LAWRENCE -- More parents today are financially supporting -- and paying more -- for their children's college education, but that development also might be exacerbating economic inequality, according to a new study by a University of Kansas professor.
"Young adults from families in the top quarter of the wealth distribution received more than eleven times more money for school than those in the bottom half," said Emily Rauscher, a KU assistant professor of sociology. "What makes this a concern is that financial support from parents for education is associated with higher socioeconomic outcomes, including income, education, and wealth. A key takeaway is that parental financial support for education is one way in which economic inequality is passed between generations. Parental wealth matters for a variety of child outcomes, and the findings of this study suggest that it matters even in young adulthood."
The Russell Sage Foundation Journal of the Social Sciences recently published Rauscher's findings. She compared the amount of funding parents transferred to their children for educational purposes using the Rosters and Transfers Module of the Panel Study of Income Dynamics that provides survey data from 2013 back to 1968.
On average, individuals in the study received more than $13,000 from parents for school since they turned 18. However, it's likely that - among those receiving financial support from their parents - most received more than that because 75 percent received no educational transfers from their parents at all.
Rauscher said the study's findings have implications for inequality and suggest several potential education and economic policies, especially in explaining and dealing with economic inequality.
For one, researchers have described a period of "extended adolescence" in which young adults remain dependent of their parents in some fashion for longer than past generations. However, Rauscher said this study reflects that "extended adolescence" only applies to certain young adults.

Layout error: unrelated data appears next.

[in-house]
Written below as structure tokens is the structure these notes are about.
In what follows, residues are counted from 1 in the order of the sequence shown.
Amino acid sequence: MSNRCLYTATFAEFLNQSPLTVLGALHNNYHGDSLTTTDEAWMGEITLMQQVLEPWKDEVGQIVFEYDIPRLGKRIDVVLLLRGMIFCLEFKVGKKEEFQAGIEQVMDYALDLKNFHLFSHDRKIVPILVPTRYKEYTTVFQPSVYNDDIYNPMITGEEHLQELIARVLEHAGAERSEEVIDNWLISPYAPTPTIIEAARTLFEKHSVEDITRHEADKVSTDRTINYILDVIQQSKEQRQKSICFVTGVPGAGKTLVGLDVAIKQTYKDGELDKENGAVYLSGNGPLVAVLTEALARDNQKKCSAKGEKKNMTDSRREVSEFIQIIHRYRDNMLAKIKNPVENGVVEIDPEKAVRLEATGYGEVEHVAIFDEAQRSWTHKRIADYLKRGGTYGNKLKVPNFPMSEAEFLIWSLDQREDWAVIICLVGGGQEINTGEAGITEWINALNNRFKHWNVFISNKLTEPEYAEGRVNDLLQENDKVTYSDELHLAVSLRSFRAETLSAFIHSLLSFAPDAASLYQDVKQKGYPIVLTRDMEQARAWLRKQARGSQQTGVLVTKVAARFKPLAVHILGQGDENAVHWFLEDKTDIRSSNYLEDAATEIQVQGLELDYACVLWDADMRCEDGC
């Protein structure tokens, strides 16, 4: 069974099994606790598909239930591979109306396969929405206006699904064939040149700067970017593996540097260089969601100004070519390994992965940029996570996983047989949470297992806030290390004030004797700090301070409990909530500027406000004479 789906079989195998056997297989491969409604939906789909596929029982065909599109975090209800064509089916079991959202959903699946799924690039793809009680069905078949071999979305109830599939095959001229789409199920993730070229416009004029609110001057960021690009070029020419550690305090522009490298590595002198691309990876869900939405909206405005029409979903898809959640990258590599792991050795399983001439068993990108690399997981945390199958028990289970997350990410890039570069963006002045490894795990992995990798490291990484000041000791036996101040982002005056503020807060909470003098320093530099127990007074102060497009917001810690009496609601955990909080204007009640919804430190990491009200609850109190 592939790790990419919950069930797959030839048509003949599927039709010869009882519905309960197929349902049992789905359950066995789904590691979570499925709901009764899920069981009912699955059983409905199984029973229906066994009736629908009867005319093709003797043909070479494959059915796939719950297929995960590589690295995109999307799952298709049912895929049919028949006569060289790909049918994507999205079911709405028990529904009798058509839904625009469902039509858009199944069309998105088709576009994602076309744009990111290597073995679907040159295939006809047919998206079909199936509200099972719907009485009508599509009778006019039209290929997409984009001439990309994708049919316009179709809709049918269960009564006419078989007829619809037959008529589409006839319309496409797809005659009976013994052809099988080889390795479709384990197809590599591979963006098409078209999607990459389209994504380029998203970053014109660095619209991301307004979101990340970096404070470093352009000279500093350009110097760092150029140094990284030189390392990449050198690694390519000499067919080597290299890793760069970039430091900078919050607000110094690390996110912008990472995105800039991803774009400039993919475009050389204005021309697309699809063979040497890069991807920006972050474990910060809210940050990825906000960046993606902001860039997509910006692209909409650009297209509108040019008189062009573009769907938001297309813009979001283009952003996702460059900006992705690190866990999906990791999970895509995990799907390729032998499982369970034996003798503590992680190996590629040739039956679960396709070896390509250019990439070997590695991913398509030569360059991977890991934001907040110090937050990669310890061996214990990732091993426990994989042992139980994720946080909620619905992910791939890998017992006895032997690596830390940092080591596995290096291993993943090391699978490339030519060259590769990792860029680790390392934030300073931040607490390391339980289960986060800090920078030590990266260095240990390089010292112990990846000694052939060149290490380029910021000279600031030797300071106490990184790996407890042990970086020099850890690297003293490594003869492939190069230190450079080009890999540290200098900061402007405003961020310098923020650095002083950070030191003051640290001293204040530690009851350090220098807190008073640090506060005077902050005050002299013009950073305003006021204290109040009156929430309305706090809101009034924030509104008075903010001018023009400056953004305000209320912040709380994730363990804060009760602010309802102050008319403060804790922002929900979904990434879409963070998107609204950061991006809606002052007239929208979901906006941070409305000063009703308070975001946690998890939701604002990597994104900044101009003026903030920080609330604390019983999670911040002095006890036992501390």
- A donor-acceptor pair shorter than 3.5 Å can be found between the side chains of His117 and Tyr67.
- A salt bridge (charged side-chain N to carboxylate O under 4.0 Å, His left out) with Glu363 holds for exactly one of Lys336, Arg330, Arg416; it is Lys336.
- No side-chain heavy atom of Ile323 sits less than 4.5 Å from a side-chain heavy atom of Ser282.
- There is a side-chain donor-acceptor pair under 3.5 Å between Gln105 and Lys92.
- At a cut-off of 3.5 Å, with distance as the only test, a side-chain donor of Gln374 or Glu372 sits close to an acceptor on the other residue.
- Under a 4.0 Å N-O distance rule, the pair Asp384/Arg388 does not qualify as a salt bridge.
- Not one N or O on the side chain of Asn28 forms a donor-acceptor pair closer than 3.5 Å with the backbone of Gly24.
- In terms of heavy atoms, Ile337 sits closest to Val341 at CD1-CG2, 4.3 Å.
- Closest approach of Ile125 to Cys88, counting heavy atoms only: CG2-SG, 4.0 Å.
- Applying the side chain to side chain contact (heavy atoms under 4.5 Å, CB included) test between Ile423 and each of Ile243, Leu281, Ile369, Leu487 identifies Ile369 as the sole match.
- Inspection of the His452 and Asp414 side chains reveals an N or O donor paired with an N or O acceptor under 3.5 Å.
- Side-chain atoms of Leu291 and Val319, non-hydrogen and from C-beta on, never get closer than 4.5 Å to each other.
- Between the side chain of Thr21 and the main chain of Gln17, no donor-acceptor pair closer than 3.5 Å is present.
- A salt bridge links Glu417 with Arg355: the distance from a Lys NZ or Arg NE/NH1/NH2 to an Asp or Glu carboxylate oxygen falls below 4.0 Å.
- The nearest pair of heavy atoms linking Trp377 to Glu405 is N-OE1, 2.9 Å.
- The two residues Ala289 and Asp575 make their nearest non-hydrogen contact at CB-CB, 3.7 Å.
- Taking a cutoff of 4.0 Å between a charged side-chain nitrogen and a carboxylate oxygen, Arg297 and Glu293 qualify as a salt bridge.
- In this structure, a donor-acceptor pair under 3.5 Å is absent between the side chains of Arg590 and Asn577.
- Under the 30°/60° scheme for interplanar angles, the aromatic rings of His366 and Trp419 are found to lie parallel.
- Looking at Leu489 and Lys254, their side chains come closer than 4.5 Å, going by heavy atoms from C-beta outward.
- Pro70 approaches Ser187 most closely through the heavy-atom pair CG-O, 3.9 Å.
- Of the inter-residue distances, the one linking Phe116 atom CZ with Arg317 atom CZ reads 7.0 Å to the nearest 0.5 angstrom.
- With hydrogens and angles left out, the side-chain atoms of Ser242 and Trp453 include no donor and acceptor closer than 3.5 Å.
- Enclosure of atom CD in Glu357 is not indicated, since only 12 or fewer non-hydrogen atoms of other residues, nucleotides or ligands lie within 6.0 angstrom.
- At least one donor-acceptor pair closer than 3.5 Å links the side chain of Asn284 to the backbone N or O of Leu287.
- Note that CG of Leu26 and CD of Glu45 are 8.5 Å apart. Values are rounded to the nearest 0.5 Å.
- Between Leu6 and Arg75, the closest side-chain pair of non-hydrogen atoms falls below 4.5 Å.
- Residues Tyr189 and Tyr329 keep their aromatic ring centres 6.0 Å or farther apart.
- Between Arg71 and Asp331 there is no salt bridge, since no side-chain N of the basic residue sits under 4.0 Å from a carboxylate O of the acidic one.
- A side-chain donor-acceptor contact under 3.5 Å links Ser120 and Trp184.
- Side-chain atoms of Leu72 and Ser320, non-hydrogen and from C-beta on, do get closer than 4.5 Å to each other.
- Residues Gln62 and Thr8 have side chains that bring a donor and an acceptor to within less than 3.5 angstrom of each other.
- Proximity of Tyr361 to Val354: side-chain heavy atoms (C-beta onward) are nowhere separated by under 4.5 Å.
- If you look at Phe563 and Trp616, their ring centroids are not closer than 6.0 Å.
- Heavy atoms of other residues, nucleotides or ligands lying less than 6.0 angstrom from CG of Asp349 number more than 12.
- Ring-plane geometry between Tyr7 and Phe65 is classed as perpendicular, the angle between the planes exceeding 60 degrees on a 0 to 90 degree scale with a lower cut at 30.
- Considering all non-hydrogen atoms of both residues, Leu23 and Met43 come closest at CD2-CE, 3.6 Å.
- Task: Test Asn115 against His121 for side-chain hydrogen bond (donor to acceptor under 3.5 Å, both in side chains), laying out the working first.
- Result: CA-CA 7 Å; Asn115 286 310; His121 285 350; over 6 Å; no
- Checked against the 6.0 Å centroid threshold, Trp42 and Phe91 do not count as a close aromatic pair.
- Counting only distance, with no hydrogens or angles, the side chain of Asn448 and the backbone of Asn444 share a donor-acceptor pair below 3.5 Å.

"Those from poor or low-wealth backgrounds are forced to fend for themselves earlier in their lives than the privileged adolescents," she said. "Receiving parental funding for college is one example. Young adults from poor backgrounds do not enjoy this parental support for college."
Rauscher noted that parental support for education could be viewed both positively and negatively. It can help many young adults earn a college degree.
"One potential concern, though, is that parents may be supporting their children's education at the expense of saving for retirement," Rauscher said. "That could put the parents in a difficult situation as they age, leaving them without enough savings to retire."
She said recognizing parental financial transfers for education as one mechanism through which inequality is transmitted across generations could be critical as policymakers in states and Congress grapple with economic legislation.
"It signals where our society could invest to allow young adults to achieve economic outcomes based on their own hard work, rather than that of their parents," Rauscher said.
For example, these findings could point to the importance of higher education spending outside of tuition and funding of federal Pell grants, the McNair Scholars Program and work-study programs, all of which help students of low-income or first-generation college students. Also, another area of research has suggested most high-achieving, low-income youth don't apply for selective colleges, even though those colleges provide better financial aid and have higher-degree completion rates.
"In order to put young adults on more equal footing," Rauscher said, "my results suggest that society could either fund higher education for all or provide young adults from poor backgrounds with the same financial support that wealthier young adults receive from their parents,"
KU's Center on Assets, Education, and Inclusion in the School of Social Welfare supported the research. Rauscher serves at the center's faculty director for the wealth transfer project.